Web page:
Dimension: global citizenship

This dimension is part of the Community Engagement in Learning priority.


Global citizenship means an awareness of the interconnectedness among people, societies and environments around the globe. It emphasises responsibilities and contribution to a global society and economy. When students develop a sense of global citizenship, they learn to respect seminal universal values such as peace, sustainability and upholding the human rights and dignity of all people.

Global citizenship programs develop students' knowledge, skills, attitudes and values. Effective schools draw on real-life intercultural experiences which deepen students' understanding of the world and their place in it.

Improvement measures

Schools can use assessment against the Civics and Citizenship Curriculum Achievement Standards.

Supporting resources

The VTLM: Practice Principles

VCAA Intercultural Capability Teaching Resources  


The Continuum for Global citizenship describes a range of proficiency levels (Emerging, Evolving, Embedding and Excelling) that assists principals and teachers to identify areas of practice that require attention in order to deliver improved student outcomes.

Component: The school develops systems to guide a global focus


Discussions directed by leaders have convinced school councillors, parents, teachers and students that the school needs to adopt a curriculum that fosters global citizenship and intercultural capacity. Leaders support teachers to run whole-school activities designed to lift the profile of global education and develop global citizenship and intercultural capability.


Leaders establish and direct a working group to guide, support, monitor and report on the school’s global learning practices. Leaders establish a working group to audit the curriculum to determine the extent to which global citizenship is integrated sequentially through the curriculum.


Leaders provide resources to support the staged development and implementation of a global citizenship curriculum. Leaders oversee a global citizenship working group to collaboratively develop a school- wide plan, identifying milestones for integrating global learning, intercultural capability and languages education.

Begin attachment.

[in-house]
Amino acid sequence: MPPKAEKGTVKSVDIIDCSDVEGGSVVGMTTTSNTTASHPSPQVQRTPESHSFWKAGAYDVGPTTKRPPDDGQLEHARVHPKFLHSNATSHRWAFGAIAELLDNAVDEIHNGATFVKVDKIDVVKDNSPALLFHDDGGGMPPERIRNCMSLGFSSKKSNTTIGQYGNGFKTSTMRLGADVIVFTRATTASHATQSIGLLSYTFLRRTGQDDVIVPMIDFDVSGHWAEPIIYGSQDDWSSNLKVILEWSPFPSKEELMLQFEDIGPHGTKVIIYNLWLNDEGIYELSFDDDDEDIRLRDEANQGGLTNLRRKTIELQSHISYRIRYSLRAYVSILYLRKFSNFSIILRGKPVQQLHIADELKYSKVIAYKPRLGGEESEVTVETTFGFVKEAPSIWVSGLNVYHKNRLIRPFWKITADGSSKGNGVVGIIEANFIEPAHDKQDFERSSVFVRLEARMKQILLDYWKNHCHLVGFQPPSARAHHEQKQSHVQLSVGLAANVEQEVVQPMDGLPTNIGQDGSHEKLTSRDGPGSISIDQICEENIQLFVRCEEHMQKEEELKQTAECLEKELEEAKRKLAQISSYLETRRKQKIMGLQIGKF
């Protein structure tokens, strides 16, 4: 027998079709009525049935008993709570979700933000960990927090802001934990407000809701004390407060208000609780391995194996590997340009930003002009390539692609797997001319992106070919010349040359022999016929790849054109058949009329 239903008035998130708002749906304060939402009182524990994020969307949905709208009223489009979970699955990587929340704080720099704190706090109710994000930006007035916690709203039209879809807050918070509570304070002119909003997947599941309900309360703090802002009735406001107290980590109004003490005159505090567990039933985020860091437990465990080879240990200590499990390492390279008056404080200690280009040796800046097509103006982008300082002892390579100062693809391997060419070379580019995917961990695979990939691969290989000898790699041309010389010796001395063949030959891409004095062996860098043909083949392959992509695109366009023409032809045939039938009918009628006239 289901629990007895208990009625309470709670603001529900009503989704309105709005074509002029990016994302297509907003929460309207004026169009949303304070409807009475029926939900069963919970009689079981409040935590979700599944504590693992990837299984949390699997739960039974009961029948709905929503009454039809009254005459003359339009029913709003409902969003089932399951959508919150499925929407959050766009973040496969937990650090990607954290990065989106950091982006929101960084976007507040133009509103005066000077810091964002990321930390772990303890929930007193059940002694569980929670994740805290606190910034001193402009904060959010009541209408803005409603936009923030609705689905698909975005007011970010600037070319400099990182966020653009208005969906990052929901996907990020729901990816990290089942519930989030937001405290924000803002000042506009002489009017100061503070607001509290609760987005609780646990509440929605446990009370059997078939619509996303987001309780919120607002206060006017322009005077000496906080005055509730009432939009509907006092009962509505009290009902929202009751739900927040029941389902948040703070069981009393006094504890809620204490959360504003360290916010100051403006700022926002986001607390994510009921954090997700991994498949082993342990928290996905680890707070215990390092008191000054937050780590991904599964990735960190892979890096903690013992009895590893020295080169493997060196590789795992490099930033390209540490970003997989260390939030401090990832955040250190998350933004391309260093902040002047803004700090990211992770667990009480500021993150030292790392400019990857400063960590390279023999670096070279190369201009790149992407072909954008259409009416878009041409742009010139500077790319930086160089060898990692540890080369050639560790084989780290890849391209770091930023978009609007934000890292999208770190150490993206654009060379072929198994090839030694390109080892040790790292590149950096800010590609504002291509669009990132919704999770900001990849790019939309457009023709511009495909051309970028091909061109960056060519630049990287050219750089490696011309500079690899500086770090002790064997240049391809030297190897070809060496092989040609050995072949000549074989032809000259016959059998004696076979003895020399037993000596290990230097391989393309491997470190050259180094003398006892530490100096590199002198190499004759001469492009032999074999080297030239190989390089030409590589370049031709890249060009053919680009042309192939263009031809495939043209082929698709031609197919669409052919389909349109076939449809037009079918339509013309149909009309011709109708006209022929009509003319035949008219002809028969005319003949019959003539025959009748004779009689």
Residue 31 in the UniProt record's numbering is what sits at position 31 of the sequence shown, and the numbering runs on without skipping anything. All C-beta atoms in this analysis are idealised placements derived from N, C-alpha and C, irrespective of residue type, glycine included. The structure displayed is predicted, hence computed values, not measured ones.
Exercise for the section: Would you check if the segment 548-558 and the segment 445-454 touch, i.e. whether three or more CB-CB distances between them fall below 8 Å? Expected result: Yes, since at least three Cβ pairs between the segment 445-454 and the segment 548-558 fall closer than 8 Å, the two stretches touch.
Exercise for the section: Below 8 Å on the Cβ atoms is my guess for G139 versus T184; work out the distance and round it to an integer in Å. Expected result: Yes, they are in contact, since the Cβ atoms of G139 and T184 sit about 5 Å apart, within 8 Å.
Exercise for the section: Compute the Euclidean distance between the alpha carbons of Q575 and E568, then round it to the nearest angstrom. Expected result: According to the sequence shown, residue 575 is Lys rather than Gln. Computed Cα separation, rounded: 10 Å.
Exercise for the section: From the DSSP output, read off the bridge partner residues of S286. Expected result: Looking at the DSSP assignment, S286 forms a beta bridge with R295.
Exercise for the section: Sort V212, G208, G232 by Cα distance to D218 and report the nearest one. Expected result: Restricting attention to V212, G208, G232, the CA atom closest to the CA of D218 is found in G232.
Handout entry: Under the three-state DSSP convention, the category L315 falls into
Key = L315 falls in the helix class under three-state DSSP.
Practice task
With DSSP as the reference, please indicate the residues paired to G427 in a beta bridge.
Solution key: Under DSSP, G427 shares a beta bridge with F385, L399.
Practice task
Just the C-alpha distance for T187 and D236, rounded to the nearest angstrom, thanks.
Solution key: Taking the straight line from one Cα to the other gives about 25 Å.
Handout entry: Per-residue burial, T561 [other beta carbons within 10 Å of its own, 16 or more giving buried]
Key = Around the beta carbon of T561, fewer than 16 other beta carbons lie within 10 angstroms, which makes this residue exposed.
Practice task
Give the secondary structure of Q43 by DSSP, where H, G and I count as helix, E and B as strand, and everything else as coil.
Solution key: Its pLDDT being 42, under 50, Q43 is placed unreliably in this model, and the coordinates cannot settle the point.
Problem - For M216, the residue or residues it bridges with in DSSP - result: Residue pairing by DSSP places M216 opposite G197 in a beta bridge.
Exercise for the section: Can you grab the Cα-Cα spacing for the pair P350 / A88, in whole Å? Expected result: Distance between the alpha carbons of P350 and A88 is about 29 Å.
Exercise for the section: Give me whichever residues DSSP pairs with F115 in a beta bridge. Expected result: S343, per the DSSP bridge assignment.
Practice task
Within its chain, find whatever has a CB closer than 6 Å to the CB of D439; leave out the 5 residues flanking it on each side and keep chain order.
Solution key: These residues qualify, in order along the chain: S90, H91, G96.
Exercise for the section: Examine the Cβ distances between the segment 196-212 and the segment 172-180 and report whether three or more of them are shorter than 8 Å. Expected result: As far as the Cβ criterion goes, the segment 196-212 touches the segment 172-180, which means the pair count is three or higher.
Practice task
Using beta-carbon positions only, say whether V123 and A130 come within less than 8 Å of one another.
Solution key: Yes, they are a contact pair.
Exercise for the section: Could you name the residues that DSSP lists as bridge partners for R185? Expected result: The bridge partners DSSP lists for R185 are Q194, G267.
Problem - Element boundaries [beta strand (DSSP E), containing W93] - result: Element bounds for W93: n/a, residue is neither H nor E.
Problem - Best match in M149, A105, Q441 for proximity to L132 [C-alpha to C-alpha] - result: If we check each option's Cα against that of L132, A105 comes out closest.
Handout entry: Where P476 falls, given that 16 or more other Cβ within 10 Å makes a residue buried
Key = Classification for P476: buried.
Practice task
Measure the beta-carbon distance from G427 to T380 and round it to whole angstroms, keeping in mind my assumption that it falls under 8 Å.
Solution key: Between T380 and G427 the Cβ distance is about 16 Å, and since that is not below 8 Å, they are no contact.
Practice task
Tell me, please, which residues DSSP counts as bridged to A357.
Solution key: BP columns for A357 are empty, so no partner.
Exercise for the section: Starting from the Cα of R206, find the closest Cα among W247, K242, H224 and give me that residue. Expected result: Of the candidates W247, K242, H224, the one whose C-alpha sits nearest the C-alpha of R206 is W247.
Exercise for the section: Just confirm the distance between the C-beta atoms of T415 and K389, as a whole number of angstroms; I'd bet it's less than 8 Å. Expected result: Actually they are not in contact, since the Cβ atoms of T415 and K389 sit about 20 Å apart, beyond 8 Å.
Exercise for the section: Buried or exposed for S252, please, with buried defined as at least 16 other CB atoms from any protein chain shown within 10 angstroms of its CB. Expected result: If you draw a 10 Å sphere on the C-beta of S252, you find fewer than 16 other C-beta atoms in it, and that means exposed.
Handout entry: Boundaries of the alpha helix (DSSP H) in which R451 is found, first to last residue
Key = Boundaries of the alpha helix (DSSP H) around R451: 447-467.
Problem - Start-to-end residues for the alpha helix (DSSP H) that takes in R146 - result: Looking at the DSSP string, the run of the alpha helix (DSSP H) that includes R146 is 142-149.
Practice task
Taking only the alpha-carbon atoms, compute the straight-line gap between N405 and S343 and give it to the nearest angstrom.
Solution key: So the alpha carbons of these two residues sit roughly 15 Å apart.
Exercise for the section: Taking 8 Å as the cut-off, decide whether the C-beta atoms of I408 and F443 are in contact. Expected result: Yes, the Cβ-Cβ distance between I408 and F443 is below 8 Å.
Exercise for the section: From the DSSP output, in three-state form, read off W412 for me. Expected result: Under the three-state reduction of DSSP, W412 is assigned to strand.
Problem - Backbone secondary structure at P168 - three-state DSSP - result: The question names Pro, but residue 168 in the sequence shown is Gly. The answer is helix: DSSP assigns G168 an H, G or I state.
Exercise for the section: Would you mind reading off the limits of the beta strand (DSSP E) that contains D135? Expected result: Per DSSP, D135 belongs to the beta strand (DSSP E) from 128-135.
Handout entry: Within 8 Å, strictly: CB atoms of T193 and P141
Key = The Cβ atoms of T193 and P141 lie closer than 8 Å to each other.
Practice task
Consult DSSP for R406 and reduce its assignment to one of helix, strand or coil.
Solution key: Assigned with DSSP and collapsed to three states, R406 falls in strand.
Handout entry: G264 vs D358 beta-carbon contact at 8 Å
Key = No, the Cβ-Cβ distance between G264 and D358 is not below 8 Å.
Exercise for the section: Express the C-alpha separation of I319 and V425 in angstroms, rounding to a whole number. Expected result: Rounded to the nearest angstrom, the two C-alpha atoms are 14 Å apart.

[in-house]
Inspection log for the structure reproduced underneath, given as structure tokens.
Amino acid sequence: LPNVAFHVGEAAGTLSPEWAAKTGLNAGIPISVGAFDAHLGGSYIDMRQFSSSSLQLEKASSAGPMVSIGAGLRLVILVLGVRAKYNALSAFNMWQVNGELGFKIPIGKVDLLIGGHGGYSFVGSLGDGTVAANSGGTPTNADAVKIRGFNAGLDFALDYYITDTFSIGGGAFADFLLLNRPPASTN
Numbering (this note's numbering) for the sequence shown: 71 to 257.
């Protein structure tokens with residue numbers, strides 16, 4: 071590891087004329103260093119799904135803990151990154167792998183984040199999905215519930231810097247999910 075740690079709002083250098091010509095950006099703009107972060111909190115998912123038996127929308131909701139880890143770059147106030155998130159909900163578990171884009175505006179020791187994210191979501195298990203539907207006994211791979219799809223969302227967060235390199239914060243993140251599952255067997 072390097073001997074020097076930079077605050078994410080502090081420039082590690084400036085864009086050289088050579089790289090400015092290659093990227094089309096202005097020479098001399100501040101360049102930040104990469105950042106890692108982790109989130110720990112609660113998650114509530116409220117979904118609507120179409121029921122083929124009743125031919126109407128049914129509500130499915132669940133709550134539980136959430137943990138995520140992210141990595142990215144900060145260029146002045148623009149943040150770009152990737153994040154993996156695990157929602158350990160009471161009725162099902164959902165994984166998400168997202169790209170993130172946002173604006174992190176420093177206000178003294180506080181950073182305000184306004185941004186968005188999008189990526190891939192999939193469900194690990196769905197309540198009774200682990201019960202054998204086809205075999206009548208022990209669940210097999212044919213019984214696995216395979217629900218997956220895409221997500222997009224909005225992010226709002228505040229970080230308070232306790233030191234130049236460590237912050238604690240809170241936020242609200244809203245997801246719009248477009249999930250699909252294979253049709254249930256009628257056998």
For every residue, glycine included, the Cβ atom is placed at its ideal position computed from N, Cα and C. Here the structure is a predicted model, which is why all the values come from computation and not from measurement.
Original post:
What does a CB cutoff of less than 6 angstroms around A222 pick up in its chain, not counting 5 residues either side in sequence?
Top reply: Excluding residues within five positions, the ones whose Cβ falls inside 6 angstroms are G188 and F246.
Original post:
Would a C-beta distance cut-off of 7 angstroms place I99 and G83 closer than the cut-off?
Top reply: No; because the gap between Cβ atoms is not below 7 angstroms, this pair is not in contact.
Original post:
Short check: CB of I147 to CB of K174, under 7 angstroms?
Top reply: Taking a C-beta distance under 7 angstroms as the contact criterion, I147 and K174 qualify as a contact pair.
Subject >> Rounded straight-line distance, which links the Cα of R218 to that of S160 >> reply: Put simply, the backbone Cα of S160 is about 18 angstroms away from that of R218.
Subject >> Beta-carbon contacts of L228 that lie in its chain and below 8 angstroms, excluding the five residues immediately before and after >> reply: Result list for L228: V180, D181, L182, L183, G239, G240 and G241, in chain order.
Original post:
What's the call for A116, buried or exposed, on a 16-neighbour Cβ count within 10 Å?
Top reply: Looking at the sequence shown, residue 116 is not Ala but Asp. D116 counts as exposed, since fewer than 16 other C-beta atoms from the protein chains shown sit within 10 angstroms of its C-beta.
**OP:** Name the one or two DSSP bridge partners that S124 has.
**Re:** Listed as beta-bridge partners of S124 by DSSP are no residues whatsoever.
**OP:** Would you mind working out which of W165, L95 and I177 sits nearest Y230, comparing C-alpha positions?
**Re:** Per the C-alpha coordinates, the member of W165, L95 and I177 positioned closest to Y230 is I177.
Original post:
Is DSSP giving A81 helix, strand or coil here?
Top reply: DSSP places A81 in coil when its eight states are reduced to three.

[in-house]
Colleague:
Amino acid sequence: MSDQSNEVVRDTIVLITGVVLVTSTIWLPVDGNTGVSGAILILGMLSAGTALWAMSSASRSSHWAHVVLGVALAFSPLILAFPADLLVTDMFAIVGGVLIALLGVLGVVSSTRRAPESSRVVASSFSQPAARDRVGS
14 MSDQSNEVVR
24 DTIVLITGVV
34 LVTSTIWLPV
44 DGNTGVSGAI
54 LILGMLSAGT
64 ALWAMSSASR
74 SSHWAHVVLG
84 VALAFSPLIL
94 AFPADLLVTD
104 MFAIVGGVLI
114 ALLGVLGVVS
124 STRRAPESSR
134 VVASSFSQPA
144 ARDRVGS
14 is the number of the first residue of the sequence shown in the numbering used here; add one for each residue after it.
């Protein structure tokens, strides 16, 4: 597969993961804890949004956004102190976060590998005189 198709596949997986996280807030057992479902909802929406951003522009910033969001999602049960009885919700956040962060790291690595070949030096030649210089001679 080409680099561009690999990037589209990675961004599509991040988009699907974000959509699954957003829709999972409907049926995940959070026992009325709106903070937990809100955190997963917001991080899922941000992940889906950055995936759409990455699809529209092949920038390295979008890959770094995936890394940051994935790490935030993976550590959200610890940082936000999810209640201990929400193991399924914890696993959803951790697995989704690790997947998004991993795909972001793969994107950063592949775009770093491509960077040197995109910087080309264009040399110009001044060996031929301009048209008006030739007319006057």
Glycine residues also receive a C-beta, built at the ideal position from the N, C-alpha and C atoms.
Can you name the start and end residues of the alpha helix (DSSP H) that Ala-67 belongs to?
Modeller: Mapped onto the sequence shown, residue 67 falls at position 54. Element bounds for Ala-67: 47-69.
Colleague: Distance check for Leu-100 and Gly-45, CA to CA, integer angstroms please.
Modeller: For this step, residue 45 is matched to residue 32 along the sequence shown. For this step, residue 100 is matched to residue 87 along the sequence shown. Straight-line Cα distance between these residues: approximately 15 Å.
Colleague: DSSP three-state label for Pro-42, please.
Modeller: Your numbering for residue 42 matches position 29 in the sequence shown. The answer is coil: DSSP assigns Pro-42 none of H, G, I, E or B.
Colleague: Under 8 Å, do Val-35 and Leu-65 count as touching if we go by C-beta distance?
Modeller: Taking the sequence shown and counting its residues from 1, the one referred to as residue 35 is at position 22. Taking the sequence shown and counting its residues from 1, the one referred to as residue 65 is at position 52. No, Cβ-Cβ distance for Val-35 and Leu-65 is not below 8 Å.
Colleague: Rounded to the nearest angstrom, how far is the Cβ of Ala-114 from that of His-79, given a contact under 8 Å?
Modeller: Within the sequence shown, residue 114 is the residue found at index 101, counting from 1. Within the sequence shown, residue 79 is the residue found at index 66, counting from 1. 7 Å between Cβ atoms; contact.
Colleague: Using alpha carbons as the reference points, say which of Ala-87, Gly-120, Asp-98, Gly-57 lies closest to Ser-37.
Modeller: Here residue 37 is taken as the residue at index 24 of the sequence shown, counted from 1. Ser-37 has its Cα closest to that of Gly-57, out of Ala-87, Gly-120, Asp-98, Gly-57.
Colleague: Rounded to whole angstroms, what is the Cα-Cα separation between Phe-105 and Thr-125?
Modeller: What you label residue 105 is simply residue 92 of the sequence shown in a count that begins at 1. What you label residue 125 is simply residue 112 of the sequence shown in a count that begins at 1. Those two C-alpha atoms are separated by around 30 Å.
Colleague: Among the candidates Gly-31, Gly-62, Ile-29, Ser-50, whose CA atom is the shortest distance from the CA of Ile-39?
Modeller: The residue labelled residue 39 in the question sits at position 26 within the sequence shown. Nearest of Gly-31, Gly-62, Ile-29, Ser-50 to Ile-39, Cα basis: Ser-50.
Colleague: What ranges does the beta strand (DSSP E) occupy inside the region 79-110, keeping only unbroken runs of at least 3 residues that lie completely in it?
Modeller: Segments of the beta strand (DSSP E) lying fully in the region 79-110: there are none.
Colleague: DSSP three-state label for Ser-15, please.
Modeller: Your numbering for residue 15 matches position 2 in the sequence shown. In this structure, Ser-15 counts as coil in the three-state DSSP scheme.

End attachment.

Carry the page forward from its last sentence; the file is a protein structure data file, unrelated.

Leaders engage with culturally diverse communities, identifying and establishing partnerships that promote practical application of students’ language- learning, as well as their global and intercultural capabilities. Leaders establish and sustain a ‘sister school’ arrangement with one or more schools.

Component: The school develops teacher capacity in global citizenship


Teachers are encouraged to work in teams when devising their global citizenship curriculum. Teachers visit each other’s classrooms to observe and give feedback on how classes are promoting students’ intercultural capabilities.


Teachers work in teams to promote the integration of a global focus across curriculum learning areas and year levels. Teachers receive support to attend programs that focus on learning about cultural understandings and practices, and/or language learning.


Teachers develop their awareness of where to access online resources to inform their globalisation unit and lesson planning and share this with their colleagues. Leaders support teachers to access professional reading and teaching resources that support them to improve their curriculum development and teaching of intercultural capabilities.